Medicine Man follows the incredible journey of British-born Amazonian cowboy turned American TV star, Stan Brock, as he sacrifices everything for his life-changing mission to bring free healthcare to people in need. The film, director Paul Angell, also explores the vital work of Remote Area Medical (RAM), a volunteer-led organization founded by Brock, that provides free vision, dental and medical care to underserved communities across America —supported by more than 196,000 volunteers.
Medicine Man will screen in movie theaters across the US on November 14, 2023, as part of a one-night-only nationwide special screening in celebration of it’s founder. Premiering at over 700 locations, all profits are donated to RAM.
The Making of the Movie
ABILITY Magazine‘s Isabella Wisinger spoke to RAM’s CEO, Jeff Eastman, and the director of “Medicine Man: The Stan Brock Story”, Paul Michael Angell on making the movie and getting to know Stan Brock.
Angell has earned multiple accolades in film, and his work ranges from the commercial to documentary features. One of Angell’s productions, “A Beautiful Game”, is on Netflix. He also directed TV for British Eurosport and has shot footage for BBC. Angell has a particular passion for nonfiction film, which is what led him to produce and direct “Medicine Man” over the course of 10 years.
The Origins of the Story
Angell slowly got to know Brock during the process of filming. He said that “Stan was a real polymath. He was a fusion of different influences… a kind of Renaissance man, very broad in his knowledge.”
Brock was born in England and moved to British Guinea as an adult to manage a large cattle ranch, before becoming a bush pilot, and then roaming the savannahs of Guyana as a cowboy. Over the course of his life, he accumulated many miscellaneous honors and accomplishments. Brock co-hosted NBC’s Emmy winning series, Mutual of Omaha’s Wild Kingdom. He helped pass the Tennessee Volunteer Health Care Services Act of 1995, which allows health professionals with out-of-state licenses to cross state lines and provide free care. Brock was recognized as a CNN Hero in 2012 and received the Lions International Humanitarian Award in 2017. While he had many well-known projects, the most impactful of all may have been his nonprofit venture, Remote Area Medical.
Brock was inspired to found RAM after being seriously injured in a remote part of Guyana, without access to necessary healthcare. Before his passing in 2018, Stan said, “When I left Guyana, I vowed to find a way to deliver basic medical aid to people in the world’s inaccessible regions… RAM is the way I have kept that promise, not only to the Wapishana Indians, but to thousands around the world in similar conditions. In other words, there are Wapishanas everywhere.”
RAM has provided healthcare to almost one million Americans since it was founded in 1985. The organization visits regions that have created their own Community Host Groups, which provide the volunteer assistance necessary for a successful pop-up clinic. Community Host Groups are usually comprised of other nonprofits local to the area, community leaders and individuals with the drive to bring care to their community.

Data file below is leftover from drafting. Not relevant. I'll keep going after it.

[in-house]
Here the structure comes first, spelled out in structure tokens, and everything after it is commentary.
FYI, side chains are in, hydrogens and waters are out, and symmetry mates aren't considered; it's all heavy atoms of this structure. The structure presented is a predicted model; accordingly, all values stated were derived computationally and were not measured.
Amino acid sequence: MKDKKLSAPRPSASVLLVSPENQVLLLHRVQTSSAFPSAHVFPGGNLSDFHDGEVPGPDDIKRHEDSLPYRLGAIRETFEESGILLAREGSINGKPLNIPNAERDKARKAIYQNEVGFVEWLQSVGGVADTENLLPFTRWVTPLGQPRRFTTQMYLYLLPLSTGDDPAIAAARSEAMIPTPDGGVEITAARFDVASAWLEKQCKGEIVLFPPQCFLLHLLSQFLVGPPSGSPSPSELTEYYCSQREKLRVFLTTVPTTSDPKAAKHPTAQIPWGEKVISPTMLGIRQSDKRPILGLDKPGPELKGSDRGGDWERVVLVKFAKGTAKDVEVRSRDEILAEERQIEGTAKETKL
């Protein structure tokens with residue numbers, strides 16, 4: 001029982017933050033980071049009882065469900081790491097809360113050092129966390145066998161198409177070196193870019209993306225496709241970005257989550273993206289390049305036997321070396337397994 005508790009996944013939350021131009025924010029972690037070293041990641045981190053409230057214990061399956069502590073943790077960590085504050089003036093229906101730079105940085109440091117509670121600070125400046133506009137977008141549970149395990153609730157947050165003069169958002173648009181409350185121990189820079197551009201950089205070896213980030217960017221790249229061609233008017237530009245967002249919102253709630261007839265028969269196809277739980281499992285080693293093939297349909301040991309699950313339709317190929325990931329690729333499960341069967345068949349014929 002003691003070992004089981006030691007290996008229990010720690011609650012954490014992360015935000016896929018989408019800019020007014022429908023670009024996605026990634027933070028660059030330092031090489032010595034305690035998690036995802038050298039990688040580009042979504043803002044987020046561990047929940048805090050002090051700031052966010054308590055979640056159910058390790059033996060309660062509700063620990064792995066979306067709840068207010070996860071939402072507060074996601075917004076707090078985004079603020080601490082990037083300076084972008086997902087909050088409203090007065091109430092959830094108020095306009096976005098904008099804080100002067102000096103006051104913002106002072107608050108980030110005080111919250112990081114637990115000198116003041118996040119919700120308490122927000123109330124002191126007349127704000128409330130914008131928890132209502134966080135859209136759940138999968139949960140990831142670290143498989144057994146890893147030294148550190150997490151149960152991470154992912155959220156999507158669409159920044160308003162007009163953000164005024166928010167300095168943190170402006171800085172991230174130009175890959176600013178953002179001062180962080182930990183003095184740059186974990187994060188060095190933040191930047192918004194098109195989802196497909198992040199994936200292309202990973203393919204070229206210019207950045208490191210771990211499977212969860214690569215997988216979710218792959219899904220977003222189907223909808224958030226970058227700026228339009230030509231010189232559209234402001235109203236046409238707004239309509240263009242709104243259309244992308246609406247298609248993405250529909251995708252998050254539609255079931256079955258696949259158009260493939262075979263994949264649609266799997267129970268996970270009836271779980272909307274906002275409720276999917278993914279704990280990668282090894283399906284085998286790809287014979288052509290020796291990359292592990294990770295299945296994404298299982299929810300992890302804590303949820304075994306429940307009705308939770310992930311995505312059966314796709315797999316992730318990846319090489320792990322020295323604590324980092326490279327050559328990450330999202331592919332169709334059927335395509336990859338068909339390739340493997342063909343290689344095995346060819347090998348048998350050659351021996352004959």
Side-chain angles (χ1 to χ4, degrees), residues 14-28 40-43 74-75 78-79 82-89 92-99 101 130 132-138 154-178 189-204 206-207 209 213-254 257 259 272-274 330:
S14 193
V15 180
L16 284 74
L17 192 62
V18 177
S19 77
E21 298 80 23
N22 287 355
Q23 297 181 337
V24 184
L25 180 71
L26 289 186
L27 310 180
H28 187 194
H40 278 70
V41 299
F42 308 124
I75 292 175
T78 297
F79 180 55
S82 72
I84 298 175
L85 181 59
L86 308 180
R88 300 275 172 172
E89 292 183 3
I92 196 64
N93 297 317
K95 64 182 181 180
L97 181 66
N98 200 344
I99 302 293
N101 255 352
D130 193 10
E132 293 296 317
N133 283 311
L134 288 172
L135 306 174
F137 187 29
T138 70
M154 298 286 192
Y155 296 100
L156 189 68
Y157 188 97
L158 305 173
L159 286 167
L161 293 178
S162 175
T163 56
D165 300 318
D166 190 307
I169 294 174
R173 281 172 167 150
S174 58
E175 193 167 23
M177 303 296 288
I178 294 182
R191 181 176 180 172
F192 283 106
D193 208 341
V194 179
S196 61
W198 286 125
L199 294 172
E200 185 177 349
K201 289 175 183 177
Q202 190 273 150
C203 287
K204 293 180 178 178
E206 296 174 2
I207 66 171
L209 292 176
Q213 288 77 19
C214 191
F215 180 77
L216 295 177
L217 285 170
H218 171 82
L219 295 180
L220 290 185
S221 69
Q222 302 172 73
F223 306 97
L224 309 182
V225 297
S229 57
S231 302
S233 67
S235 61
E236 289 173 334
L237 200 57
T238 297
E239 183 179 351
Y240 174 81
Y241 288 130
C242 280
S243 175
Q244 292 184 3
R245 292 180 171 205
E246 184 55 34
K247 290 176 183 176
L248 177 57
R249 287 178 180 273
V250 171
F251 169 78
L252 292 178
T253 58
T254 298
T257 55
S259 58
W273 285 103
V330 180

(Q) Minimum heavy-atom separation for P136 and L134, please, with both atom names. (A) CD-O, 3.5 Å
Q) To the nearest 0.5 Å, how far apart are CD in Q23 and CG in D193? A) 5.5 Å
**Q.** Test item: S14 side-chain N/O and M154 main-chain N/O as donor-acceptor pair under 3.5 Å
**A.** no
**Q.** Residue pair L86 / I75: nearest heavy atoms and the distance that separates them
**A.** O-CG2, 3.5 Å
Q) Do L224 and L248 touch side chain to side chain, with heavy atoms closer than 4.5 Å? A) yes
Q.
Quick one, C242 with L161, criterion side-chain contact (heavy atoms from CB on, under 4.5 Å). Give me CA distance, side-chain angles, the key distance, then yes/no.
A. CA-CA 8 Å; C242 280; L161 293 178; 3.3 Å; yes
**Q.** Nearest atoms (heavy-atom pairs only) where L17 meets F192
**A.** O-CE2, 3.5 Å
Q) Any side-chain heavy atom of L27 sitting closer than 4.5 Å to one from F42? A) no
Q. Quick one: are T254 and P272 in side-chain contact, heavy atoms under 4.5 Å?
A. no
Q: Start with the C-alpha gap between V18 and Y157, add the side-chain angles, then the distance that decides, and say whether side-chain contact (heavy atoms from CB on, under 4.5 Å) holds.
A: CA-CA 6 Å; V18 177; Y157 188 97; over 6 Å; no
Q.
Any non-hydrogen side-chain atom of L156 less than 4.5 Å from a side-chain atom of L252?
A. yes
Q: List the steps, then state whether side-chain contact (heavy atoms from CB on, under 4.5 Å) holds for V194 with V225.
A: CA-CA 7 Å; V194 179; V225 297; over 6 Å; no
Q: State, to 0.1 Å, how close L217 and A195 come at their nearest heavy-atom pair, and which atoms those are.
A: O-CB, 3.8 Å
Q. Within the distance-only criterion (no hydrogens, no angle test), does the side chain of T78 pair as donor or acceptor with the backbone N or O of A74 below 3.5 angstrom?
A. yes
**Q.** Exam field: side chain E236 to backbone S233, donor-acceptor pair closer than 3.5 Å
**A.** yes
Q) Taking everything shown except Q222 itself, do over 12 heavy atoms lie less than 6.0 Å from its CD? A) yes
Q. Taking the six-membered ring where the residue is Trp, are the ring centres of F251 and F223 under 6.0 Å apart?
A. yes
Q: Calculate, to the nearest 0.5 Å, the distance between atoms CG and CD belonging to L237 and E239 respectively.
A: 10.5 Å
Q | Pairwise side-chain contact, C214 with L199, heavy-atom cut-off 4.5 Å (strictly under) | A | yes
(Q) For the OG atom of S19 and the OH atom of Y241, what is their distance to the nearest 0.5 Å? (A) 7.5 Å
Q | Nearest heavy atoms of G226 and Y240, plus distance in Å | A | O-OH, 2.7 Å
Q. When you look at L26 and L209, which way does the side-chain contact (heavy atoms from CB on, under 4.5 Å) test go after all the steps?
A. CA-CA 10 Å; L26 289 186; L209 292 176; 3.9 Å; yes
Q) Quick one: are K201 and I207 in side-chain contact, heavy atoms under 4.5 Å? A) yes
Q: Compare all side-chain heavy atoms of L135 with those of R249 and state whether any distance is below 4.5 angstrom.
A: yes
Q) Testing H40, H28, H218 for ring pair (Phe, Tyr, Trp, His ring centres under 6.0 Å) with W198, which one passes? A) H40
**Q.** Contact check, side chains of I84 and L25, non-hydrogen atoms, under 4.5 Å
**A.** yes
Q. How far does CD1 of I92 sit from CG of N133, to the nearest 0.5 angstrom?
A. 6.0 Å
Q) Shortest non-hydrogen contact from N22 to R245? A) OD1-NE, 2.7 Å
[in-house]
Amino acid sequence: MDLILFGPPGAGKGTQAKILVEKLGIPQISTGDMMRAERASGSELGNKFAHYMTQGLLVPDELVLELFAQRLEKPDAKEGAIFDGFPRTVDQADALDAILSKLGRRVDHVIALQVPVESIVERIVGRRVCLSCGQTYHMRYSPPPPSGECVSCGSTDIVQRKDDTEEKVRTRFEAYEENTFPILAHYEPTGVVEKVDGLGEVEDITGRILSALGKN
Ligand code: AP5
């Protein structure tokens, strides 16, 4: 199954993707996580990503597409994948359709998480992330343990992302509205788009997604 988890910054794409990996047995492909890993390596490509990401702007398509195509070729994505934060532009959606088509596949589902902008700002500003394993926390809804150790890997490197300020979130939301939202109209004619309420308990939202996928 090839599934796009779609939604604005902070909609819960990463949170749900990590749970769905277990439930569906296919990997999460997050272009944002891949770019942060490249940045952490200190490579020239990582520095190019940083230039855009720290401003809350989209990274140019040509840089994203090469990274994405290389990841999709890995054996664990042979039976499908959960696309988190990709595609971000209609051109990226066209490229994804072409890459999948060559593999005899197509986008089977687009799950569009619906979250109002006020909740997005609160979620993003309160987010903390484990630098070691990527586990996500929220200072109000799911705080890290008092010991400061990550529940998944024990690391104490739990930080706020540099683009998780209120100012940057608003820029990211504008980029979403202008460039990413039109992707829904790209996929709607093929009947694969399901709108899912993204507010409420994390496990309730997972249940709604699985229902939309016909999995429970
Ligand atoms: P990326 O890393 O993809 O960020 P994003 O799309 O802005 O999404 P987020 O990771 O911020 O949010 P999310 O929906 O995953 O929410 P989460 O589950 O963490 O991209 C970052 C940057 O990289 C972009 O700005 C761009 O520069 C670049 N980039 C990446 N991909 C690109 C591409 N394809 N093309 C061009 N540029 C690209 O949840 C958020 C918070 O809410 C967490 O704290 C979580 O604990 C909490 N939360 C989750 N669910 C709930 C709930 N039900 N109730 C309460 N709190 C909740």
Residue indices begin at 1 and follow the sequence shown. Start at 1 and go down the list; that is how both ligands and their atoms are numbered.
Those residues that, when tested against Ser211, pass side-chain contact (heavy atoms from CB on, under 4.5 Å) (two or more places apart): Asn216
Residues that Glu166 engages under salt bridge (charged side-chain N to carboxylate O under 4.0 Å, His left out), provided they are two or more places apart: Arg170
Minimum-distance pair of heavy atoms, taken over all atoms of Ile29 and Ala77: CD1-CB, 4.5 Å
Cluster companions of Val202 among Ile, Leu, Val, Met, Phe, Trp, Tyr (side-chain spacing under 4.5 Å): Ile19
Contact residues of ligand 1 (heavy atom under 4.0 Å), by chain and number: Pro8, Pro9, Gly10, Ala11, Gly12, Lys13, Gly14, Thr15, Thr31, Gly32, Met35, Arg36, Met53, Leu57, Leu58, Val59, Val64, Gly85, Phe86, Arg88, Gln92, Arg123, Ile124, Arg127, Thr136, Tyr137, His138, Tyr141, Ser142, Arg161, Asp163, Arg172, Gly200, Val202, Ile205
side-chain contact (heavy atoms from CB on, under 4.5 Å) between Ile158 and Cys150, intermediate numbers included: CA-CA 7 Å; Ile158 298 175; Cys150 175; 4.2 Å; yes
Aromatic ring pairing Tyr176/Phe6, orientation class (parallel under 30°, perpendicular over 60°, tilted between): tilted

RAM regularly partners with local dental, optometry, and medical schools to recruit student volunteers. Community Host Groups also bring in local specialists across a wide range of disciplines. There could be anyone from podiatrists and general practitioners to acupuncturists present to donate their services.
The Call to Serve
No insurance or identification is required to access RAM clinics. Angell said this is because Brock believed in egalitarianism: “Everybody was equal in Stan’s eyes. No questions asked, no judgment. If you’ve turned up at a clinic because you need help, well, that’s self evident. That’s good enough for Stan.”
Angell also said that Brock was deeply involved with RAM operations while serving as its President: “The personal touch was always a really important thing for Stan and that continues to this day… he would go down in the queue and talk to [people] personally… and check in on their welfare… He was so incredibly personable and humble. And that kind of willingness to look people in the eye and treat them as human beings, and not be judgmental, that ethos is still core to everything that Remote Area Medical does.”
Jeff Eastman, current CEO of RAM, states “Until we have a solution to the health care issue in the America, RAM will be there as the band aid to fill in the gap.”
“Medicine Man: The Stan Brock Story” is screening in select theaters only. Those who want to learn more about Brock and support RAM’s mission can locate a theater and purchase tickets by following events links on RAM’s website.